The “Mandela Miracle” fantasy at times enables, and at time oppresses, the country, writes Mark Gevisser.
For a few brief hours, on a trip home to Jo’burg recently, I flew the flag. I wanted to see what it would feel like to assert publicly my national identity, rather than simply to feel it, or be it, but it didn’t work. After a few self-conscious missions across the northern suburbs, I demobbed: much as the general flutter filled me with joy, mounting a flag myself made me feel too, well, American.
Mandla, the security man who looks after us on our street in Melville, is trying to feel German. One of the many soutpiele to emerge during the World Cup, he is flying both South African and German colours off his Tazz. He knows that Bafana Bafana are going to be knocked out early and he wants to have someone to support after this happens. When I asked him why he did not wait until the home team were out before turning coat, he explained: “I can’t support a team unless I feel it in my heart and, if I want to feel it in my heart, I have to support them from the beginning.”
What is it about the relationship between flying a flag and feeling it in your heart? My colleague Pippa Green says that when she looks at all the South African flags on cars driven by whites in Pretoria, she realises that “for the first time since 1994, flying the flag is not a political statement. It’s just a statement of belonging. People are flying flags just because they’re happy and possibly even proud.”
Of course, there is as little chance of economic benefit to South Africa from the World Cup as there is of Bafana Bafana winning the tournament. Perhaps, then, that’s how we have to understand the state’s exorbitant expenditure on the games: as an investment in national identity. To make sense of this, it is instructive to look back at the 1995 Rugby World Cup.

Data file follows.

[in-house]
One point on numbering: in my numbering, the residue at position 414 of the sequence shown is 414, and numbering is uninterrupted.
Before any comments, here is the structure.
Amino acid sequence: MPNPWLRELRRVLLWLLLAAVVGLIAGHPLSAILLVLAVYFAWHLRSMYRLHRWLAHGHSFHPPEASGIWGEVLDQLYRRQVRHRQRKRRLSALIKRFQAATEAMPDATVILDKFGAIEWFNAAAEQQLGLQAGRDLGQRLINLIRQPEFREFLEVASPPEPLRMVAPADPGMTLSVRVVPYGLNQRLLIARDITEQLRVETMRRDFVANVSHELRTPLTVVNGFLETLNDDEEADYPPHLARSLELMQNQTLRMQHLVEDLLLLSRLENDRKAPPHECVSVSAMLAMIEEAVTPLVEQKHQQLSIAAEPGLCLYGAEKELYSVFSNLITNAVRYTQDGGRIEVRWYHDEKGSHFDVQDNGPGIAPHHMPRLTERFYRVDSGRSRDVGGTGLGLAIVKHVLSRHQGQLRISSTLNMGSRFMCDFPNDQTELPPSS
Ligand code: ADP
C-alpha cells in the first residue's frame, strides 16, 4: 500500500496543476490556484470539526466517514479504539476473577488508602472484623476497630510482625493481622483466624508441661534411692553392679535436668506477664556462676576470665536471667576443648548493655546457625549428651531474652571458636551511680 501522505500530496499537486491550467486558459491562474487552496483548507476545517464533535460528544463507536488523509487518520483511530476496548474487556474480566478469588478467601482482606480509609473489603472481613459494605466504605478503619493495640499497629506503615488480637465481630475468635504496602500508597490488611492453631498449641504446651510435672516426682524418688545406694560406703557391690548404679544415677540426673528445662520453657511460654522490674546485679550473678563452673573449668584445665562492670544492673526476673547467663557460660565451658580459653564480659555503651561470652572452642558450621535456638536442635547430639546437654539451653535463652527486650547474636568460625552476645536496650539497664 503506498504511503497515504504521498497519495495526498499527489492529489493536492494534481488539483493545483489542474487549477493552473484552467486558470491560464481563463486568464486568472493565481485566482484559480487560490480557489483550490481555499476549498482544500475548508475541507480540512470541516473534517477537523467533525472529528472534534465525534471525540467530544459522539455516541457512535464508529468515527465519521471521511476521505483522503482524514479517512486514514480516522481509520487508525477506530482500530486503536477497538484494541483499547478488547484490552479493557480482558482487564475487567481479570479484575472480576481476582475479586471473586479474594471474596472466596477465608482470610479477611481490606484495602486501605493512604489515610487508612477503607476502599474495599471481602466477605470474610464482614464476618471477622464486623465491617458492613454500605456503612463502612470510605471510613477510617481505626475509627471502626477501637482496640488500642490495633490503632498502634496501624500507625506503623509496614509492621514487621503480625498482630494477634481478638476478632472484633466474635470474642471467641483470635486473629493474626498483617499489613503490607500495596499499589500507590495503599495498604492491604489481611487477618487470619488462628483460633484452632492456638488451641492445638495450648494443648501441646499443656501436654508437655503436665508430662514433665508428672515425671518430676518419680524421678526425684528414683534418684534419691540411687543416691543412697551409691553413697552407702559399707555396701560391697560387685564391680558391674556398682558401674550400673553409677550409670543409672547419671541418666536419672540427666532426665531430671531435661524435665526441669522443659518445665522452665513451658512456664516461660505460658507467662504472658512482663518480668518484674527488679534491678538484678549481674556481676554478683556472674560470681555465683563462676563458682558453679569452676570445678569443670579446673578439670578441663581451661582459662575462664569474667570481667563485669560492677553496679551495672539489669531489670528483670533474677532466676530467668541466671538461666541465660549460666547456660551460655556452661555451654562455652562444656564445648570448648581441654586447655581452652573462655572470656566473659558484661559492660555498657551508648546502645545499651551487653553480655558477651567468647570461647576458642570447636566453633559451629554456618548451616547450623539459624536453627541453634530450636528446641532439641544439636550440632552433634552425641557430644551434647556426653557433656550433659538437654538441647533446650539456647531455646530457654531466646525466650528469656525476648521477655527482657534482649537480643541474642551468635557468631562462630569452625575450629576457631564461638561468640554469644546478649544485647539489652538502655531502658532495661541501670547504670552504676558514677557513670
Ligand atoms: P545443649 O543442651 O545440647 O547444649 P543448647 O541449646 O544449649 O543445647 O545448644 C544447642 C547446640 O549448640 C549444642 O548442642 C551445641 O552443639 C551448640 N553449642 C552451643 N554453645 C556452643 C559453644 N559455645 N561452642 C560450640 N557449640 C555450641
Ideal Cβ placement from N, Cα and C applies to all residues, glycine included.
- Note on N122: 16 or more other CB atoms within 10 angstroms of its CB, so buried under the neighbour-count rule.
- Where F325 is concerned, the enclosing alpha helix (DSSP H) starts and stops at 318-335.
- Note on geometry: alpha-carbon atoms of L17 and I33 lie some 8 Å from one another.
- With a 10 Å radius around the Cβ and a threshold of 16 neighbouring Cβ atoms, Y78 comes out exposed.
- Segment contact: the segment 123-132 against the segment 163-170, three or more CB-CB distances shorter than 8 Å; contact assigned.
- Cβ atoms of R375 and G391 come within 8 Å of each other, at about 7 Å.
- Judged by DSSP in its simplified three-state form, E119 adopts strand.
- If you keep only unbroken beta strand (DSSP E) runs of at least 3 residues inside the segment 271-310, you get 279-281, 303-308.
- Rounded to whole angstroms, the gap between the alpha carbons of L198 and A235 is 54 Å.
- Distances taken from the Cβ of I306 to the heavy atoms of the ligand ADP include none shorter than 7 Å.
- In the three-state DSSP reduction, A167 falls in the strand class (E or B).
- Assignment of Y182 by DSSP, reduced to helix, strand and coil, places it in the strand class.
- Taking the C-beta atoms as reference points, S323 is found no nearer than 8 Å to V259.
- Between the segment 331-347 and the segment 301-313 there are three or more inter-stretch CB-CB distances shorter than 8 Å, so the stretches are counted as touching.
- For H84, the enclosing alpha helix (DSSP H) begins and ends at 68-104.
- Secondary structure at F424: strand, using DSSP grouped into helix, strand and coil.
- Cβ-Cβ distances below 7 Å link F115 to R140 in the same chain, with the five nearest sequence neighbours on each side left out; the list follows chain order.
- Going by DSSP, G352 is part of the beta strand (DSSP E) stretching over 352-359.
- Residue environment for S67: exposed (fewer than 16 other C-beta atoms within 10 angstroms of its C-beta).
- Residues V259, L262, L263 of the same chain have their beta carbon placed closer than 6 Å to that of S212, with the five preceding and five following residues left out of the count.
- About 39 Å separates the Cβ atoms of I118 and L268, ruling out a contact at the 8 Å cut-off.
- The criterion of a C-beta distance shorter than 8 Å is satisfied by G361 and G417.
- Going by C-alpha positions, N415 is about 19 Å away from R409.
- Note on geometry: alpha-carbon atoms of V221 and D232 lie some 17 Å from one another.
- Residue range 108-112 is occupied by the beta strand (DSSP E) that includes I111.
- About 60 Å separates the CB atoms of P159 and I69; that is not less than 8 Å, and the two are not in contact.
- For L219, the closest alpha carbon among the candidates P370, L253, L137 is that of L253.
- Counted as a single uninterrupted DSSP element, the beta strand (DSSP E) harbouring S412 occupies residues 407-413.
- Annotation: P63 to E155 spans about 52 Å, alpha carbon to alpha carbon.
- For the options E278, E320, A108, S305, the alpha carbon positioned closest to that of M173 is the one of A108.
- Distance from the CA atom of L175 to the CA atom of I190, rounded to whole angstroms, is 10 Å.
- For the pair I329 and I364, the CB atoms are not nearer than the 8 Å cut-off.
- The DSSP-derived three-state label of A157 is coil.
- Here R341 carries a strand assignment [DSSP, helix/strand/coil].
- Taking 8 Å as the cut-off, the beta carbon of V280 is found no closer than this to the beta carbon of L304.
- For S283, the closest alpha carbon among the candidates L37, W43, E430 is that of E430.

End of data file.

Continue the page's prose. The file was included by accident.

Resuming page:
No one who lived through those earlier times actually believes that Nelson Mandela prevented civil war in South Africa by supporting the Bokke and enabling them to win; rather, he created a pageant which enabled South Africans to celebrate, publicly, an already-existing fact; the war was over and we had survived.
Similarly, this year’s World Cup will not change anything material for most of us. Still, in the way that grand national pageants can, it might change the way South Africans see themselves and describe themselves. Much like Rugby 1995, Football 2010 could become a nostalgic buttress to hold things together when things get tough. It will become the moment we tell our children about; the moment we affirmed publicly that, just one generation after the fall of apartheid, a national identity existed in this deeply divided land and that exuberance and openness were core parts of this identity.
One of the loveliest effects of the current flutter is, in fact, the soutpiel factor; that it’s cool if you want to be South African and English, or South African and Ghanaian. Perhaps this is evidence of a surge of national confidence, a counter to the defensive nationalism that flag-waving is so often about.
Still, I worry about the relationship of World Cup success to national pride: How will we feel if we lose? Not at Soccer City, but on the pitch of global opinion and thus of self-regard. South Africa has an unhealthy obsession with reputation, manifested by a tendency towards bling: if we look good, we are good. A decade ago this led the government down the poisoned well of the arms deal; now, it has led us into a herd of exquisite white elephants, each one more beautiful than the last, which threaten to sap the fiscus in the years to come.